ATLANTA - The Georgia Public Service Commission was hard-pressed this winter to spend $965,000 the agency set aside to help low-income seniors maintain gas service.
The commission and gas marketers will look for seniors in need through May, then give most of what's left to the Salvation Army's Project Share, which will use the money to pay utility bills statewide for the young and elderly.
The commission's program ends in the spring. At the end of April, the commission still had $867,860 left.
The money is part of $1 million Atlanta Gas Light set aside for consumer education during the next five years under the terms of its 2005 rate case settlement. Based on estimates from the company, commissioners thought nearly 2,000 low-income seniors would need help keeping their gas on.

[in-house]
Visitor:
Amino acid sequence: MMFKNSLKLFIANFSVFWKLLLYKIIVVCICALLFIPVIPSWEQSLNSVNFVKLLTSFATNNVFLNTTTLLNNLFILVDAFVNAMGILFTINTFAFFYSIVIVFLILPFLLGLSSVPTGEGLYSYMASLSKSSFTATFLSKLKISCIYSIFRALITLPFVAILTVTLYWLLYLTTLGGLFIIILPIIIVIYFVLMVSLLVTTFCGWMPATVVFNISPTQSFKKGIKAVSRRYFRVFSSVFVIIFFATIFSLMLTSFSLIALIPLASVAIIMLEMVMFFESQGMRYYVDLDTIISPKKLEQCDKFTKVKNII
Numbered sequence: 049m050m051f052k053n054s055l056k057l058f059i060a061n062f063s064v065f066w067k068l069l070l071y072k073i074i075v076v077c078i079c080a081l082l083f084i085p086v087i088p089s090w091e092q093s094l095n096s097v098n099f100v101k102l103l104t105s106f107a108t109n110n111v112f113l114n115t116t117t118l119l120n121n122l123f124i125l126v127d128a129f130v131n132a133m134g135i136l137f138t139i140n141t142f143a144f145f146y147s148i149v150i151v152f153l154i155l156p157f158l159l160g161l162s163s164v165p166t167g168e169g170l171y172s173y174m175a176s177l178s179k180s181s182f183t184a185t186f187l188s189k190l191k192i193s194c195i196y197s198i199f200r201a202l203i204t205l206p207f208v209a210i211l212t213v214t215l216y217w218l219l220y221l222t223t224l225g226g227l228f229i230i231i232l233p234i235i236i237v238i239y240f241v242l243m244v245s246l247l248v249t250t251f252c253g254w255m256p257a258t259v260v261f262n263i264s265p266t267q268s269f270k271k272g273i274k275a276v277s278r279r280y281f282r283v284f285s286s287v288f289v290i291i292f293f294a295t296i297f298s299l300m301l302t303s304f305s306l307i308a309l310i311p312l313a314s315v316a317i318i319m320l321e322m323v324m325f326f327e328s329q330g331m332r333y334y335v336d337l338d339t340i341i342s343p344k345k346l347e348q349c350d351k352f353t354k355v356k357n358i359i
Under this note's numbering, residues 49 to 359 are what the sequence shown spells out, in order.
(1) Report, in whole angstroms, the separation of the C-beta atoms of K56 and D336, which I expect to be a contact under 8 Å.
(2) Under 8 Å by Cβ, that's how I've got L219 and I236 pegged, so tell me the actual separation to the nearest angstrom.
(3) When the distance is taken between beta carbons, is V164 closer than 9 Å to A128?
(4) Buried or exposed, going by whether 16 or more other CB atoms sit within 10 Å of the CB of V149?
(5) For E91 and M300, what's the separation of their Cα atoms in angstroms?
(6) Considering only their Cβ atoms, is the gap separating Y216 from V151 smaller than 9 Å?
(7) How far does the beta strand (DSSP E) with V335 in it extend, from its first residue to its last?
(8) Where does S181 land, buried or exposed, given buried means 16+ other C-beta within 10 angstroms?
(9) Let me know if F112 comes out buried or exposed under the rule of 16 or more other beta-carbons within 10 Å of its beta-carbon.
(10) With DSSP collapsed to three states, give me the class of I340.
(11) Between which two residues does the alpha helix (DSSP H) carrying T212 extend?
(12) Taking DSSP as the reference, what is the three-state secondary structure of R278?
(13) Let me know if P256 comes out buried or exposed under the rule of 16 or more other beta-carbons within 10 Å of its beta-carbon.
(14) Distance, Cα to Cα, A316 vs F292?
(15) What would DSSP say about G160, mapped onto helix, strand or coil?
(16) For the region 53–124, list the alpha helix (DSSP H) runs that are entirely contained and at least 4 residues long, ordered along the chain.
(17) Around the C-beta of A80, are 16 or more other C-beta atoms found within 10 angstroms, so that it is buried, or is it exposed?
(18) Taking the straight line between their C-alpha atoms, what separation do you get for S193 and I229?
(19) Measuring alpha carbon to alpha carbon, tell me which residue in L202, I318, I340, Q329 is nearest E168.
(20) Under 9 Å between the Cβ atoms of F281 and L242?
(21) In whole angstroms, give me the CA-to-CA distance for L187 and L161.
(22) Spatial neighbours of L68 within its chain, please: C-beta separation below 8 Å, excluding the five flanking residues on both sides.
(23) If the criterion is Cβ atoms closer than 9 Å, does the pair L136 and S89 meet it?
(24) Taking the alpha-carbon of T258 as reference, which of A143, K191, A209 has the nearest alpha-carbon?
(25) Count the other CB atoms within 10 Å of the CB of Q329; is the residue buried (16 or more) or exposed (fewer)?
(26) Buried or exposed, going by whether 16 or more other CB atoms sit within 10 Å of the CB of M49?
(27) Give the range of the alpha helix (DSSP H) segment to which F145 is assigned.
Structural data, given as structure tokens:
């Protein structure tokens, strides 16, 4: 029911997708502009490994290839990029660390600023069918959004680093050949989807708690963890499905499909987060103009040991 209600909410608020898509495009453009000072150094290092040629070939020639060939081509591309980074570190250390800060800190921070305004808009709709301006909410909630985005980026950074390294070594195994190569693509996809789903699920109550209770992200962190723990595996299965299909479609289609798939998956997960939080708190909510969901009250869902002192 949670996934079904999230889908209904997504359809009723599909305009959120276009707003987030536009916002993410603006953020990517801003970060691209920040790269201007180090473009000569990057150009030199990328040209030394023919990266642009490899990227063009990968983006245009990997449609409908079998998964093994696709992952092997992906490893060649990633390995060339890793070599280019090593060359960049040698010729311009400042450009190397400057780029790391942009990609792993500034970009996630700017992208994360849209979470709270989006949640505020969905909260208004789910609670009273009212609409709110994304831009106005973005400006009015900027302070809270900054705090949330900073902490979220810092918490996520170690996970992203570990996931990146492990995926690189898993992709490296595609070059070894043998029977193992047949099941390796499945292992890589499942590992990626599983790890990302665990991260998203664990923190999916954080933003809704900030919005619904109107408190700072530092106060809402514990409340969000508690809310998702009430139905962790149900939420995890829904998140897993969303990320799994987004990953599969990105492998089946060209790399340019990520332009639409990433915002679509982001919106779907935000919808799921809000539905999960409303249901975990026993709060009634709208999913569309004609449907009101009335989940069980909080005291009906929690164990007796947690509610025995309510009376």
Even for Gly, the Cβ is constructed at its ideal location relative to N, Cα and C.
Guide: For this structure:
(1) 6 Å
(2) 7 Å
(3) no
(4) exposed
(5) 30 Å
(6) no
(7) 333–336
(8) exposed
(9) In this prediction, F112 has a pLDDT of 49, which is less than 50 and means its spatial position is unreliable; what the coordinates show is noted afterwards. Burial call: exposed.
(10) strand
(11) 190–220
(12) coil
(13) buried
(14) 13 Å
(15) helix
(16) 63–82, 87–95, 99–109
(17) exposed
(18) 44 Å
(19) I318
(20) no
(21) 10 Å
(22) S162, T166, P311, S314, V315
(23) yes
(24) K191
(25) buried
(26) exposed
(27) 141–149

Finding them proved to be a challenge. Atlanta Gas Light found only 783 people eligible for a senior discount, and most had been cut off from other marketers. Only 68 had been disconnected from the regulated provider.
After enlisting help from marketers, the commission identified 4,600 low-income seniors in danger of losing service and will work until May 31 to reach them and make payment plans.
To date, 372 have been located and helped.
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